The Importance of a Coherent Teaching Identity: Reflection on Belief and Education

It has become an accepted idea that teachers’ ways of thinking and understanding are vital components of their practice. 
Nespor’s article goes on to explore the beliefs of a teacher as to how a subject should be taught. Within my own subject, Religious Education, there are various pedagogies that could be enumerated to fit into Nespor’s exploration. For example Grimmitt highlights some of these pedagogies, which are again usefully summarized by Blaylock. In this simplified approach to pedagogies Blaylock uses terms such as “Jacksonians” and “Coolingites” to fully situate the main person identified with a particular approach. Within this pedagogical framework my experience has been that most teachers would adopt a kaleidoscopic approach; meaning an approach to RE that dips into, and makes use of, existing pedagogies to make as varied and stimulating experience for the pupils as possible.

As useful and integral a knowledge of a teachers beliefs about pedagogy are in the teaching of RE, this article is concerned with the beliefs of a teacher on a much deeper level. Behind these pedagogies are deeper beliefs that inform and create the framework within which a teacher works. These beliefs may be termed religious beliefs in the vast majority of cases, however the worldview of the non-religious teacher also leads to the construction of a framework. Parker Palmer has argued that “we teach who we are”; he develops this further in explaining:

Teaching, like any truly human activity, emerges from one’s inwardness, for better or worse. As I teach, I project the condition of my soul onto my students, my subject, and our way of being together. The entanglements I experience in the classroom are often no more or less than the convolutions of my inner life. Viewed from this angle, teaching holds a mirror to the soul. If I am willing to look in that mirror, and not run from what I see, I have a chance to gain self-knowledge- and knowing myself is as crucial to good teaching as knowing my students and my subject.

This framework of inward reflection on the soul, and the background against which we all teach could be termed a teacher’s spirituality, but this is a term that means different things to different people. Non-religious teachers may feel it anathema to speak of them having a spirituality. Various explorations have been made of the term, Ofsted and SCAA both produced their own interpretation, as have others. They generally all agree, though in different language, that spirituality within education is to do with a person’s understanding of themselves, their relationships with others, the transcendent, and to some degree the world:

The first objective is: to promote those qualities and dispositions which affect how people engage with life- how they relate to themselves, others, the world and (for some) with God or Ultimate Being.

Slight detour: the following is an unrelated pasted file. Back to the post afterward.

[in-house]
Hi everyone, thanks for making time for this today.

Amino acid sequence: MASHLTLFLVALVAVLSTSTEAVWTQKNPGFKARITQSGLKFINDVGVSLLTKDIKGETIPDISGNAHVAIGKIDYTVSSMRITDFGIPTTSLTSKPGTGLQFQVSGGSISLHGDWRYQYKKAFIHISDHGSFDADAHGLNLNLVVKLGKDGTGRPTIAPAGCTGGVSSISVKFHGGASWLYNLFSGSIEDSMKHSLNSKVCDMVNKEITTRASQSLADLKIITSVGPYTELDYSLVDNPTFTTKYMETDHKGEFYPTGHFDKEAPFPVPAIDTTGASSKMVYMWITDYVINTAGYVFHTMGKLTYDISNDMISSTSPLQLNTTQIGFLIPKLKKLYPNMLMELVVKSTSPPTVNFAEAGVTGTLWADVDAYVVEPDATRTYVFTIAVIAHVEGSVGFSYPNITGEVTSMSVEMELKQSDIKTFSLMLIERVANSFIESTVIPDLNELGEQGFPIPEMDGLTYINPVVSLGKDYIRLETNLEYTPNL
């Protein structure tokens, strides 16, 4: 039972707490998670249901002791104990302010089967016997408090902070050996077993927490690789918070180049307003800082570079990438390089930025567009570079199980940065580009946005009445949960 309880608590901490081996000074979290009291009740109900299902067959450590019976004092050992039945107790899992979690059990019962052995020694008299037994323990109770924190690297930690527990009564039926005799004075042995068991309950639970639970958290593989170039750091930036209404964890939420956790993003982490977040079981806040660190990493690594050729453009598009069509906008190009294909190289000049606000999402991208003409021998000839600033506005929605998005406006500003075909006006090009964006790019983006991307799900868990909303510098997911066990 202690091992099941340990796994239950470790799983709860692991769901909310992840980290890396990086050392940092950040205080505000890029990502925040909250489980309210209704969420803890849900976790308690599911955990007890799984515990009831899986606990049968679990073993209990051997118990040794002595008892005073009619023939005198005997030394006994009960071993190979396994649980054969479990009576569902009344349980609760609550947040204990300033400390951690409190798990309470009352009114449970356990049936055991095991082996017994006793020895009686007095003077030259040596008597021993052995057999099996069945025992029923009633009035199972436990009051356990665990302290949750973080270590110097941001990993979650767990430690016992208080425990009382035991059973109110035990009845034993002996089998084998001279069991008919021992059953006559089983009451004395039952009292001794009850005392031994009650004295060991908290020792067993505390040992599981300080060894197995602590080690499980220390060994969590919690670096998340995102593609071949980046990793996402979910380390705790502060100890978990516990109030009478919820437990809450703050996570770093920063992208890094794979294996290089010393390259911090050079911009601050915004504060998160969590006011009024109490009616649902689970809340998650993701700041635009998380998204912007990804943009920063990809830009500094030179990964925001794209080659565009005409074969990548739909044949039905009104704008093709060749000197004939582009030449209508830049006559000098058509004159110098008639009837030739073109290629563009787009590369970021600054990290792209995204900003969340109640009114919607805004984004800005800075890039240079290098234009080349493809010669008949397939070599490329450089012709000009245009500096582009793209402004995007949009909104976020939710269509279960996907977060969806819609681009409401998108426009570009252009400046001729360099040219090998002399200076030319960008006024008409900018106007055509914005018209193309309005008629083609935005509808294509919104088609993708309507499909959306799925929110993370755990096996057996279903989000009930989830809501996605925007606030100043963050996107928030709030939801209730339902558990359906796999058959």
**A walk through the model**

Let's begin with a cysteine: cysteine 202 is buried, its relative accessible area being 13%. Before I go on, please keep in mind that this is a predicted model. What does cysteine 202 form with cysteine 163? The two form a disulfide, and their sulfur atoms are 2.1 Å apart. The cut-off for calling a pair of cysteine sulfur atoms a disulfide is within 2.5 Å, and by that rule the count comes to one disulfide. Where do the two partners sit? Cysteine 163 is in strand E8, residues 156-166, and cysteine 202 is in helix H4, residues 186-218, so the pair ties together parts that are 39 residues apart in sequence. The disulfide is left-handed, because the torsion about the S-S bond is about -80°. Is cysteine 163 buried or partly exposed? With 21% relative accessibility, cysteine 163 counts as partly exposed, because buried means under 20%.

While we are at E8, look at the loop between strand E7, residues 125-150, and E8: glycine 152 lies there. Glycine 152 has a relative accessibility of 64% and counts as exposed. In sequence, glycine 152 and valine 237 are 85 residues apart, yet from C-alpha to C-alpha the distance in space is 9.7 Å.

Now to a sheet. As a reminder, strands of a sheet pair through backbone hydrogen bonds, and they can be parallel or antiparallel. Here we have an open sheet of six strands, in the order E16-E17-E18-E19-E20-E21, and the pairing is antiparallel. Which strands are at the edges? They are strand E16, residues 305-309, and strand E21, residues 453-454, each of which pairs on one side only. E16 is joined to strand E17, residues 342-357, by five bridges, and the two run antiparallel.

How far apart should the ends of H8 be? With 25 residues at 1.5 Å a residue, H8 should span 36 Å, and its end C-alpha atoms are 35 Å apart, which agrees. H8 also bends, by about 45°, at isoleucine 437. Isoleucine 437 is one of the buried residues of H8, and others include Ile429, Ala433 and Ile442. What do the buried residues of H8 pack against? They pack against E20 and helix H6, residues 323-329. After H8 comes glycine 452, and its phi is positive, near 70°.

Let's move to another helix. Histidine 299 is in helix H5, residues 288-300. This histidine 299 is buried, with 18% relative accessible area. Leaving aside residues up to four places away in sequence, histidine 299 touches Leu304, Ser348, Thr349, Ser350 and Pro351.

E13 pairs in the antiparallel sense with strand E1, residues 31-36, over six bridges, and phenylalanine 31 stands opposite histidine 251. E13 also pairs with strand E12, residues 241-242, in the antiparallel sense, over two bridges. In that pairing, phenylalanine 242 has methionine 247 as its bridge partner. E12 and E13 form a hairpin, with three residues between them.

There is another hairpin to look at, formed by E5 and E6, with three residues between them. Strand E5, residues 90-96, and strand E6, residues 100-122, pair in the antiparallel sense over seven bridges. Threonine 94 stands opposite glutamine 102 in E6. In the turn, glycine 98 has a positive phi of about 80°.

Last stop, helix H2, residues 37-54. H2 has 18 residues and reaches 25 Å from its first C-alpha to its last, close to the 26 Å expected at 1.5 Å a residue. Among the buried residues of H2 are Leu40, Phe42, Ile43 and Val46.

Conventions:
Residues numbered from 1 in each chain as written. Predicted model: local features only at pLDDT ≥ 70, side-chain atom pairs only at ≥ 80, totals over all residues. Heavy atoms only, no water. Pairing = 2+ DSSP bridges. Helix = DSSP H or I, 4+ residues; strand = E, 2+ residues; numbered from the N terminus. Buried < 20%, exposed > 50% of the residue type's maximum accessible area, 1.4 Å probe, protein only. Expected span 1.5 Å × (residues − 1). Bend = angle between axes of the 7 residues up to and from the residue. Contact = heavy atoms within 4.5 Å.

This is perhaps most succinctly discussed by Hay and Nye who base their findings on classroom based interviews with a number of children. They construct four ideas of consciousness based on the premise that spirituality and spiritual development is natural and biological. It can’t be taught because it is “more about the realities of human relationships than it is about detailed lesson plans.” The relational consciousnesses that they develop are:

1. Self-consciousness (I-self)

2. People consciousness (I- others)

3. World consciousness (I- world)

4. God consciousness (I- God). 

To make the model acceptable to all and broad enough so as not to exclude those who might reject the idea of a God it might be beneficial to amend I-God to I-transcendent. For, while the majority of teachers may accept the idea of God, for a significant minority the identification of the transcendent as God may be an obstacle that does not need to be there. Having argued that point, it may be possible that that aspect of an atheist’s spirituality is identified by a rejection of a relationship with God. Interestingly there has been some research done recently by Patrick Hampshire, admittedly among RE teachers who will perhaps be a little bit more aware than others, that concluded that over 50% of teachers did not feel their beliefs affected them in their teaching; significantly this percentage was higher who did not self-identify with a religion. The argument of this paper is that to suggest that a person’s value system does not impact their practice is both wrong, and is ignoring a very valuable resource in a teacher’s profile. Borrowing a quote from the Dalai Lama and replacing politicians for teachers it is possible to argue that: